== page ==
And in writing, well, there is no one to pass off to. I have been struggling with this. I keep wondering if the lack in one’s writing is indicative of the lack of one’s moral fortitude. I think of whether it displays the wanting qualities of one’s character. Or if one can write through those things, in the same way that, when the fourth quarter’s winding down and the other team’s in the lead, you can push everything out of your mind, can push out all of the messes that you’ve made in your life, all the bad decisions and wrong turns, and you can just focus on that moment, take over, and at least in that one aspect, overcome and win the game.
I hope that, for all the mistakes and failures and limitations that I observe so acutely in myself, and which help to inform and enrich my writing, that I can similarly get through all that and finish the work and get it out there.
I plan to work on more films this year. I am dreaming of directing my first feature. I am deathly scared that it will be shit. I want to pass off. I do not want to be responsible, for I would be responsible for a failure if I mess it up. If it’s crap, then I will have wasted the time and efforts of everyone who will work on it. But I have already passed off. I’ve already allowed other people to attempt to execute my vision. It’s time that I did this, time that I stepped up and took the shot.
I have been teaching myself that failure is important. I have launched into a lot of bad writing, some of it I was able to stop, some of it got out into the world. But each failure teaches us something.
Similarly, I have to get used to the idea that we have to take shots. We have to miss shots. We have to work our way out of shooting slumps. Again I use Kobe Bryant as a model here. Sometimes he has terrible shooting nights. But he keeps shooting even when the shots aren’t going down. He shoots until he finds his rhythm. It’s a simple thing to understand, you can’t find your rhythm if you aren’t taking the shot.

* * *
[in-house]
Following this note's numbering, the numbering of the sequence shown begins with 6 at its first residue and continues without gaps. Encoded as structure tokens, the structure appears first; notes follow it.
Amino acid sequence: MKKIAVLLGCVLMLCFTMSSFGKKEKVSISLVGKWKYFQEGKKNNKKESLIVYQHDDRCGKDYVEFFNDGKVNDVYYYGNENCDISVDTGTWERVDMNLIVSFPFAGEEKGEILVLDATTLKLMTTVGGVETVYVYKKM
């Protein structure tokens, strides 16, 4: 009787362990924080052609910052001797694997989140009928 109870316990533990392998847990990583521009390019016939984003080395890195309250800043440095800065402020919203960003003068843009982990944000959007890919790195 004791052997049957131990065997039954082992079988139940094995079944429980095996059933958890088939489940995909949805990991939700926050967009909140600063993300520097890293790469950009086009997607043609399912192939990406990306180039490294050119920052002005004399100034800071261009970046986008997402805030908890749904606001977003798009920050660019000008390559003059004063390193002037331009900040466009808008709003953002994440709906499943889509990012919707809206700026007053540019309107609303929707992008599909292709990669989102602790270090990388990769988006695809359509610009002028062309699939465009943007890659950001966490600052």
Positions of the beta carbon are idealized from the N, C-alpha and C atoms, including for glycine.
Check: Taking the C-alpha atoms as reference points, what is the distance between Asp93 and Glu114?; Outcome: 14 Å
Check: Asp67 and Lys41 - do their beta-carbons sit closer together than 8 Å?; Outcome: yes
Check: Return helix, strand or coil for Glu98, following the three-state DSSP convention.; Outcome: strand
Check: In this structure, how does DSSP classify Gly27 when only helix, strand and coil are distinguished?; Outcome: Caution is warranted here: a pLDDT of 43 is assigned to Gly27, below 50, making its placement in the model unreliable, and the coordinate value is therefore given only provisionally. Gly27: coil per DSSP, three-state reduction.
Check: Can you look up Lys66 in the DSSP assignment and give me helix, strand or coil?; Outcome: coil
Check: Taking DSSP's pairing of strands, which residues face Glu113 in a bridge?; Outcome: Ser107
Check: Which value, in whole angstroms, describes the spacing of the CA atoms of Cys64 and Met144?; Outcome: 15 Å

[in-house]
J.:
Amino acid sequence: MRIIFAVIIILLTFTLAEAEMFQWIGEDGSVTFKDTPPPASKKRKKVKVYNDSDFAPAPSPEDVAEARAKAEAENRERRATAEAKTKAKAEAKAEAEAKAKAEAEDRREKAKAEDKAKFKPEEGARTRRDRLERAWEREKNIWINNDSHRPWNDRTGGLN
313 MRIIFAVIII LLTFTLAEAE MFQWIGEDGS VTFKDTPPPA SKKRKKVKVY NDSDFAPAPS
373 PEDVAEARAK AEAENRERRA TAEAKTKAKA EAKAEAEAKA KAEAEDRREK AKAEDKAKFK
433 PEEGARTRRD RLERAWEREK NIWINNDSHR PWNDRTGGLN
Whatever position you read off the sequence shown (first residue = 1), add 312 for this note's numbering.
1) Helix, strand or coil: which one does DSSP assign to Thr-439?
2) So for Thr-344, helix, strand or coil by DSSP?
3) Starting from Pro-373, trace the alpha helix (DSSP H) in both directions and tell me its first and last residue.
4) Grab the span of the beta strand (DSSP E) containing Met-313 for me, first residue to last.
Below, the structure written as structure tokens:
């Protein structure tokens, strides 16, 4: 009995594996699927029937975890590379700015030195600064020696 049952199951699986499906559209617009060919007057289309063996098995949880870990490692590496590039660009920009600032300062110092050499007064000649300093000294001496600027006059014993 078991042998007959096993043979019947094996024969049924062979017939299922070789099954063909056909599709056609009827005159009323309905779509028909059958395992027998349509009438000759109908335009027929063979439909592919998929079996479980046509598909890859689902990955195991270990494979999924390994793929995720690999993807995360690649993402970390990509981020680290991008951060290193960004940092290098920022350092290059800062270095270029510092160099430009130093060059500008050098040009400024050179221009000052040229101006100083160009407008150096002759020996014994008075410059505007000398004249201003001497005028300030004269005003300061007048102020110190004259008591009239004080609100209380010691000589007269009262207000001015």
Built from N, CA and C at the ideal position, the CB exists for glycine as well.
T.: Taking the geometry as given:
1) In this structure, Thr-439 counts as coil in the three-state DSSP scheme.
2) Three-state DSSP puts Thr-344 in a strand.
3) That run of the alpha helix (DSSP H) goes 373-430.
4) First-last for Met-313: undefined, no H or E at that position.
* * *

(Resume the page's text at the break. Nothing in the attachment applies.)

I will say it again for my own benefit, so that I can take heart and hold onto the idea: You can’t find your rhythm if you aren’t taking shots.
I have to accept that once I do this, once I adopt the shoot first policy, then I will be expecting other people to feed me the ball, to pass it to me. It’s on me to make it. I have to accept that there will be off nights, nights when shots don’t go down. But unlike the depressive person that I have been, the one that wallows in shit and flays himself for each aspect of failure, I have to accept that there will be missed shots, that there will be off nights. I have to move on from the last shot, move on from the last night, move on from the last failure, and be ready to take the shot the next time that I get a pass. And not only that, but I have to learn how to create my shot. I have to learn to understand my skills and abilities better so that I can execute, create, move, score.
Allowing for off nights, this means that there will be big nights too that offset it. Those nights when it feels like everything is going down, it’s all flowing, and I can do no wrong. When this happens, I have to ride that crest and keep shooting. It won’t happen every night, but once I start shooting first, there is a chance that I might have that magical 81 point game, or those consistent 40 point performances. The only way to get better is to step up, to take risks.
2013 gimme the ball. It’s on me.
reaching a point where i have to take a shot. and i have to keep shooting